LIEUTENANT SEAN MINCKLER: It’s definitely a big responsibility, but honestly I like it — that’s sort of the reason why I joined the military. I didn’t join the military to have that 9-to-5. If you’re seeking a job that’s thrilling, you get to see the world, but also has that technical background, I would highly suggest the Signals Officer.

Related Civilian Occupations

  • Physicists
  • Aerospace Engineers
  • Computer Engineers
  • Other Professional Engineers, N.E.C.
  • Computer Systems Analysts
  • Computer Programmers
  • Electrical & Electronic Engineering Technologist and Technicians

Training

After enrolment, you start basic officer training at the Canadian Forces Leadership and Recruit School in Saint-Jean-sur-Richelieu, Quebec, for 12 weeks. Topics covered include general military knowledge, the principles of leadership, regulations and customs of the Forces, basic weapons handling, and first aid. Opportunities will also be provided to apply such newly acquired military skills in training exercises involving force protection, field training, navigation and leadership. A rigorous physical fitness program is also a vital part of basic training. Basic officer training is provided in English or French and successful completion is a prerequisite for further training.

Following basic officer training, official second language training may be offered to you. Training could take from two to nine months to complete depending on your ability in your second language.

Learn more about Basic Training here.

Signals Officers will attend the Canadian Forces School of Communications and Electronics in Kingston, Ontario. During this period, they learn the skills and knowledge required to supervise and lead a Troop in tactical operations in the field, applying and building on the skills and knowledge gained during earlier training events. Emphasis will be placed on leadership, administration, and more advanced theory of communications and electronics and its application.

Signals Officers may be offered the opportunity to develop specialized skills through formal courses and on-the-job training.

After basic training, you will go to the Infantry School at the Combat Training Centre in Gagetown, New Brunswick. You will build upon the leadership training you received in basic officer training in addition to learning the skills required of all Combat Arms Soldiers, including more advanced weapons-handling, field-craft, and section-level tactics.

Entry plans

Regular Officer Training Plan

Due to the requirement for CAF officer to obtain a university degree, the CAF will pay successful recruits to complete a bachelor degree program in the Royal Military College System. Recruits will receive full-time salary including medical and dental care, as well as vacation time with full pay in exchange for working in the CAF for a period of time. Typically, candidates enter the Canadian Military College System as an Officer Cadet where they study subjects relevant to both their military and academic career. In rare instances, based on the needs of the CAF, candidates may be approved attend another Canadian University. A determination will be made on a case by case basis. If you are applying for this program, you must apply to the CAF and it is recommended to apply to other Canadian universities of your choice should you not be accepted for ROTP.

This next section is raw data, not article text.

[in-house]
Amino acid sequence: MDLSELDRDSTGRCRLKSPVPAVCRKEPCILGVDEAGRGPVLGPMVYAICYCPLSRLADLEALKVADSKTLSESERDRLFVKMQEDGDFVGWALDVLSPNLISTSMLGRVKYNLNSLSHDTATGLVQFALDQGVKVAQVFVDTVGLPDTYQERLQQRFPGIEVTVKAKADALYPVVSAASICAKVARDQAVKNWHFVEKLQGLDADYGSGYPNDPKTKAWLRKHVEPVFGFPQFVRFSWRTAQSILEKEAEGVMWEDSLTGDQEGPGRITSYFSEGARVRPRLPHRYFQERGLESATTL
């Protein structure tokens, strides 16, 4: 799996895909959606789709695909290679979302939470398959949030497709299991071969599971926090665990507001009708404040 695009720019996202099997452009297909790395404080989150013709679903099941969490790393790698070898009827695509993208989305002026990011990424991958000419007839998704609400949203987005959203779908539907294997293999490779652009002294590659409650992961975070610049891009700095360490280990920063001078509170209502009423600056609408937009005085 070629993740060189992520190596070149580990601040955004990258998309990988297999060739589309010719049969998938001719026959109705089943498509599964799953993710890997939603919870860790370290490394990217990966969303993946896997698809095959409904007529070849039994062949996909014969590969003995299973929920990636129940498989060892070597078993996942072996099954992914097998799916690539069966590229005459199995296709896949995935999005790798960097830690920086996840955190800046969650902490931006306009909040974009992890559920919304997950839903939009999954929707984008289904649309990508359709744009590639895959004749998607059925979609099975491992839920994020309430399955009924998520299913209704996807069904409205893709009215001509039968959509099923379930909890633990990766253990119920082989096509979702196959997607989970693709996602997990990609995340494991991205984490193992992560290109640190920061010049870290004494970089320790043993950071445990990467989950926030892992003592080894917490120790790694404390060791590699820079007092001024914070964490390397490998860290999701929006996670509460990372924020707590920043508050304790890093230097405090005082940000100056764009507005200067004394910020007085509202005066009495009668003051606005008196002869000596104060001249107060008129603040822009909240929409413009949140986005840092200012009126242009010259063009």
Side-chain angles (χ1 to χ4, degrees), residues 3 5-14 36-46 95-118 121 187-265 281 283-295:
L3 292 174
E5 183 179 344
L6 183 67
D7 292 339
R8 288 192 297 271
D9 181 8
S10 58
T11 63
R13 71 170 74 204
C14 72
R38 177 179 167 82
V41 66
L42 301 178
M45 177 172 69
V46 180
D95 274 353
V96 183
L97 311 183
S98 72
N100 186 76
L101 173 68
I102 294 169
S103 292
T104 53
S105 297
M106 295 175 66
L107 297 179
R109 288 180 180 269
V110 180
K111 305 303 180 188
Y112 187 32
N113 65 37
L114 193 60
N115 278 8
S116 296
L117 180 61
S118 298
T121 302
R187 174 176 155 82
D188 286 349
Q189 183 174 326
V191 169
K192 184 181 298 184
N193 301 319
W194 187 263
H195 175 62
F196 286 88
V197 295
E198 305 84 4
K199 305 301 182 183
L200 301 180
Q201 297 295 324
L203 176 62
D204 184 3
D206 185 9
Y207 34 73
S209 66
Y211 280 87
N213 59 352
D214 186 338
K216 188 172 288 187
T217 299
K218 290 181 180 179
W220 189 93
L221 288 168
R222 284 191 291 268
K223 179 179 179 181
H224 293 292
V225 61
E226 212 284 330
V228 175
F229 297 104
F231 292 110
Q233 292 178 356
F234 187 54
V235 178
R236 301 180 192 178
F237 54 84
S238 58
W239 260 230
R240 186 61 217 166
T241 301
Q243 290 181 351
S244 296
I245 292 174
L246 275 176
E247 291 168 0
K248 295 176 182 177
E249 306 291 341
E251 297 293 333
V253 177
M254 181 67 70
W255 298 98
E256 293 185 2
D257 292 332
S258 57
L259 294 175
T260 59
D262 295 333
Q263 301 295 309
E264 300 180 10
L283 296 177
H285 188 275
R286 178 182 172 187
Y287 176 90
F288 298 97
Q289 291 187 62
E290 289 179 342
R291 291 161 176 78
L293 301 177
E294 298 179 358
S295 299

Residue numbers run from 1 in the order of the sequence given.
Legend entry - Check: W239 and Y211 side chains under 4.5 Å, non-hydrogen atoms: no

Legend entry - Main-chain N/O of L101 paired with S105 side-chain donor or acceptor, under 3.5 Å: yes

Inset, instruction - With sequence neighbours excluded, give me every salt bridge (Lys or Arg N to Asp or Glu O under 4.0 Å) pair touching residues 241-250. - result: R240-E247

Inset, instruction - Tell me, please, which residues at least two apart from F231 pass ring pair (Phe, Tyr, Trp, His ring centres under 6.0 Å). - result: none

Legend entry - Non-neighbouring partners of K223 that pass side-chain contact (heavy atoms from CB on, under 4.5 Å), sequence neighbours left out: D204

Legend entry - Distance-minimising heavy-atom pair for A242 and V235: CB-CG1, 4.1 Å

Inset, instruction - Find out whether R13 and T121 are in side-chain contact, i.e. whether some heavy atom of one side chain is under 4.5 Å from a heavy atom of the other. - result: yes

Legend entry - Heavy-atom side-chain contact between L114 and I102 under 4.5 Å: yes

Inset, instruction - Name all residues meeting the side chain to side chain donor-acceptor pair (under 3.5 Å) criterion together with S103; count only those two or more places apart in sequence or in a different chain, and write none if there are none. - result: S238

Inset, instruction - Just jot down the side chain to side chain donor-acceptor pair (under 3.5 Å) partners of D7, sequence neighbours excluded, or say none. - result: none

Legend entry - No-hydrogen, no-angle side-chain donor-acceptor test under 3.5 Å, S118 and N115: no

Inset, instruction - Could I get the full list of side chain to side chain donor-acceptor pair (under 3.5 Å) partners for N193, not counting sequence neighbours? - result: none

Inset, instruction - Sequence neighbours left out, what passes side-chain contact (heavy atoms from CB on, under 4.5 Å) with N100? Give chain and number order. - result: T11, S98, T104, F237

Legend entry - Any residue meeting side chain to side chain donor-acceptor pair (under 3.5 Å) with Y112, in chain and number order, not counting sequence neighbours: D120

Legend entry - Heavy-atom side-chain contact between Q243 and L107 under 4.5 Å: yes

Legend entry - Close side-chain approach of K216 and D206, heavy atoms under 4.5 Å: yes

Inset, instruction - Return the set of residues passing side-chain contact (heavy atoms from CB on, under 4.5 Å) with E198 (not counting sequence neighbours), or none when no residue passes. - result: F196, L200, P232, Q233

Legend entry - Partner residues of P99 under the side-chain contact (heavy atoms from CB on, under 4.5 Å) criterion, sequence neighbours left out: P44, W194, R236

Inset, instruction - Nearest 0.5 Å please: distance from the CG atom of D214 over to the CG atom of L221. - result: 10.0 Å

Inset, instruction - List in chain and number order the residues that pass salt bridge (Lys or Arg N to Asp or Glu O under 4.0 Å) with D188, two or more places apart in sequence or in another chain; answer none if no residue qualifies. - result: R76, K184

Learn more about our Paid Education programs here.

Part time options

This position is available for part-time employment with the Primary Reserve at certain locations across Canada. Reserve Force members usually serve part time at an Army Base or armoury in their community, and may serve while going to school or working at a civilian job. They are paid during their training. They are not posted or required to do a military move. However, they can volunteer to move to another base. They may also volunteer for deployment on a military mission within or outside Canada.

Signals Officers serve with the Canadian Army. They are responsible for the operations and maintenance of all communications systems that are not built into aircraft, boats or ships and may be employed in policy development, project management, systems engineering and network operation. When employed on a part-time or casual full-time basis they usually serve with the Canadian Army and command units at locations within Canada.

Reserve Force members are trained to the same level as their Regular Force counterparts. They usually begin training with their home unit to ensure that they meet the required basic professional military standards. Following basic officer training, the home unit will arrange for additional training for specialized skills. Training for Signals Officers is conducted at the Canadian Forces School of Communications and Electronics in Kingston, Ontario.

Reserve Force members usually serve part-time with their home unit for scheduled evenings and weekends, although they may also serve in full-time positions at some units for fixed terms, depending on the type of work that they do. They are paid 92.8 percent of Regular Force rates of pay, receive a reasonable benefits package and may qualify to contribute to a pension plan.